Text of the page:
The advice comes the same day that President Trump unveils his newly-worded travel ban.
The Nigerian presidency has warned its citizens not to travel to the US amid ongoing uncertainty over Donald Trump's executive order banning immigration from certain Muslim-majority countries.
Nigeria is not on the list of six countries affected by Mr Trump's so-called travel ban executive order, but the special assistant to the President on foreign affairs and the diaspora said in a statement that several Nigerians with valid visas have been refused entry to the US.
Abike Dabiri-Erewa said their visas were cancelled when they landed in the US and they were put on return flights.
he said: "Nigerians who have no compelling or urgent reason to travel to the US to postpone their travel plans until the new administration's policy on immigration is clear."
Earlier in February the US State Department warned US citizens to avoid travelling to Nigeria due to violence from extremist group Boko Haram, and said the security situation in northeast Nigeria remained "fluid and unpredictable".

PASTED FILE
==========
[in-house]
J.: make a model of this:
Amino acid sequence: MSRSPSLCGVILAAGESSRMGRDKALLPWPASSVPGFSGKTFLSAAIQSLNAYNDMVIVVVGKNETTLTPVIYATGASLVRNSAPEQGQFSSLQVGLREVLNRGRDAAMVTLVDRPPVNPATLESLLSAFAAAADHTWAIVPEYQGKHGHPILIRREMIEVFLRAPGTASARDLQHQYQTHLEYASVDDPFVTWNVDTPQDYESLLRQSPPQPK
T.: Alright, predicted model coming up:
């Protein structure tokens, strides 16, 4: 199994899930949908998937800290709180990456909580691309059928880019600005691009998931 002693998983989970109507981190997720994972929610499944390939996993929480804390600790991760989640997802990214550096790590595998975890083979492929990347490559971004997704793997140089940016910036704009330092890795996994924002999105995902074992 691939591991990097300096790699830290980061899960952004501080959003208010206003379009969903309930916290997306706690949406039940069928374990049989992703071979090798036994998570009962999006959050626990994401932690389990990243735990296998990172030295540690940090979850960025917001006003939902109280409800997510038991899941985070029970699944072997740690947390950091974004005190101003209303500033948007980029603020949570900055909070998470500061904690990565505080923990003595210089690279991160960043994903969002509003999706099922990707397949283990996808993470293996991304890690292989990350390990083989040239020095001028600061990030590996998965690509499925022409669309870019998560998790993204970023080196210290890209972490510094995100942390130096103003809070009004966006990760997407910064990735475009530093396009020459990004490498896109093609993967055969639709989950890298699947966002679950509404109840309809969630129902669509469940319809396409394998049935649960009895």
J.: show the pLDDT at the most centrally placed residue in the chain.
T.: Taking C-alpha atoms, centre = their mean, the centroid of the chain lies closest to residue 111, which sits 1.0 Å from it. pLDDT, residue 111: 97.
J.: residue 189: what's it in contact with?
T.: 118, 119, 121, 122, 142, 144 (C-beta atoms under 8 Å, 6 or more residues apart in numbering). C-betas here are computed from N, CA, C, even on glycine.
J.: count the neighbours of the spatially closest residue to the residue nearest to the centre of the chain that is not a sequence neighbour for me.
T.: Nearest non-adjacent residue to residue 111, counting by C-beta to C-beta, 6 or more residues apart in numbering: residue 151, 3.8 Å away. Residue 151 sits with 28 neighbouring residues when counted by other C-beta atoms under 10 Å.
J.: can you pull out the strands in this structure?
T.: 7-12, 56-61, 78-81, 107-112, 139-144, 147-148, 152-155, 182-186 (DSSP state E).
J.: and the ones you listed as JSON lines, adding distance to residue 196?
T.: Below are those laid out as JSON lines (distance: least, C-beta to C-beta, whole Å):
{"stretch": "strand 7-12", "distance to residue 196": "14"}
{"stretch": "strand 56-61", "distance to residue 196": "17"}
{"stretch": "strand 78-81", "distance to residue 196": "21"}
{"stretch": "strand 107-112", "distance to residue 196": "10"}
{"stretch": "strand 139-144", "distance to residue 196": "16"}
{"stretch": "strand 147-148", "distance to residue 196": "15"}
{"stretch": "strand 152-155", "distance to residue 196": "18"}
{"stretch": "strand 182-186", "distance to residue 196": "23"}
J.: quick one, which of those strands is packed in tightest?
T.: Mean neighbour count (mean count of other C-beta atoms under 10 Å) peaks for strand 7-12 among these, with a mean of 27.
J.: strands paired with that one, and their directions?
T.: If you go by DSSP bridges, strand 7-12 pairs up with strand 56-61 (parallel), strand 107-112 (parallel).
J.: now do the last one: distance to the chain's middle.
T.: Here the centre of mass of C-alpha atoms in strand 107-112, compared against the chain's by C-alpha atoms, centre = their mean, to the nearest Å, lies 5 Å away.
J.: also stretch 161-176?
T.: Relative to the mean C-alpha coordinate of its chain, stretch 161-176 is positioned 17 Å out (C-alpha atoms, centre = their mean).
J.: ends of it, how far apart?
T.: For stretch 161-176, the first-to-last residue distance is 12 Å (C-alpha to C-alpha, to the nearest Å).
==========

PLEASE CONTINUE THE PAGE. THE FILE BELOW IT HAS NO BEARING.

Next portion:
The advisories come several weeks after Mr Trump's travel ban, affecting seven Muslim-majority countries, was knocked down by a federal court in Washington state. The President's emergency appeal via the Justice Department was denied.
Instead, the President said they would work with the federal judge's provisions to craft a new ban which leaves out Iraq, one of the seven countries.
The initial ban was signed in late January and prompted massive protests around the US.
The President said the order as signed to protect the country against terrorism, yet no individual from those countries had killed a single American on US soil in a terrorist attack since 2001.
Nearly all travellers were banned from coming to the US for 90 days, and refugees were suspended for 120 days. Syrian refugees were suspended indefinitely.
The President's chief adviser, Steve Bannon, reportedly crafted the ban to ensnare green card holders and dual national citizens.
House Speaker Paul Ryan and Department of Homeland Security chief John Kelly both said the confusion at the roll-out of the ban was "regrettable" but they both publicly supported the ban to defend the country.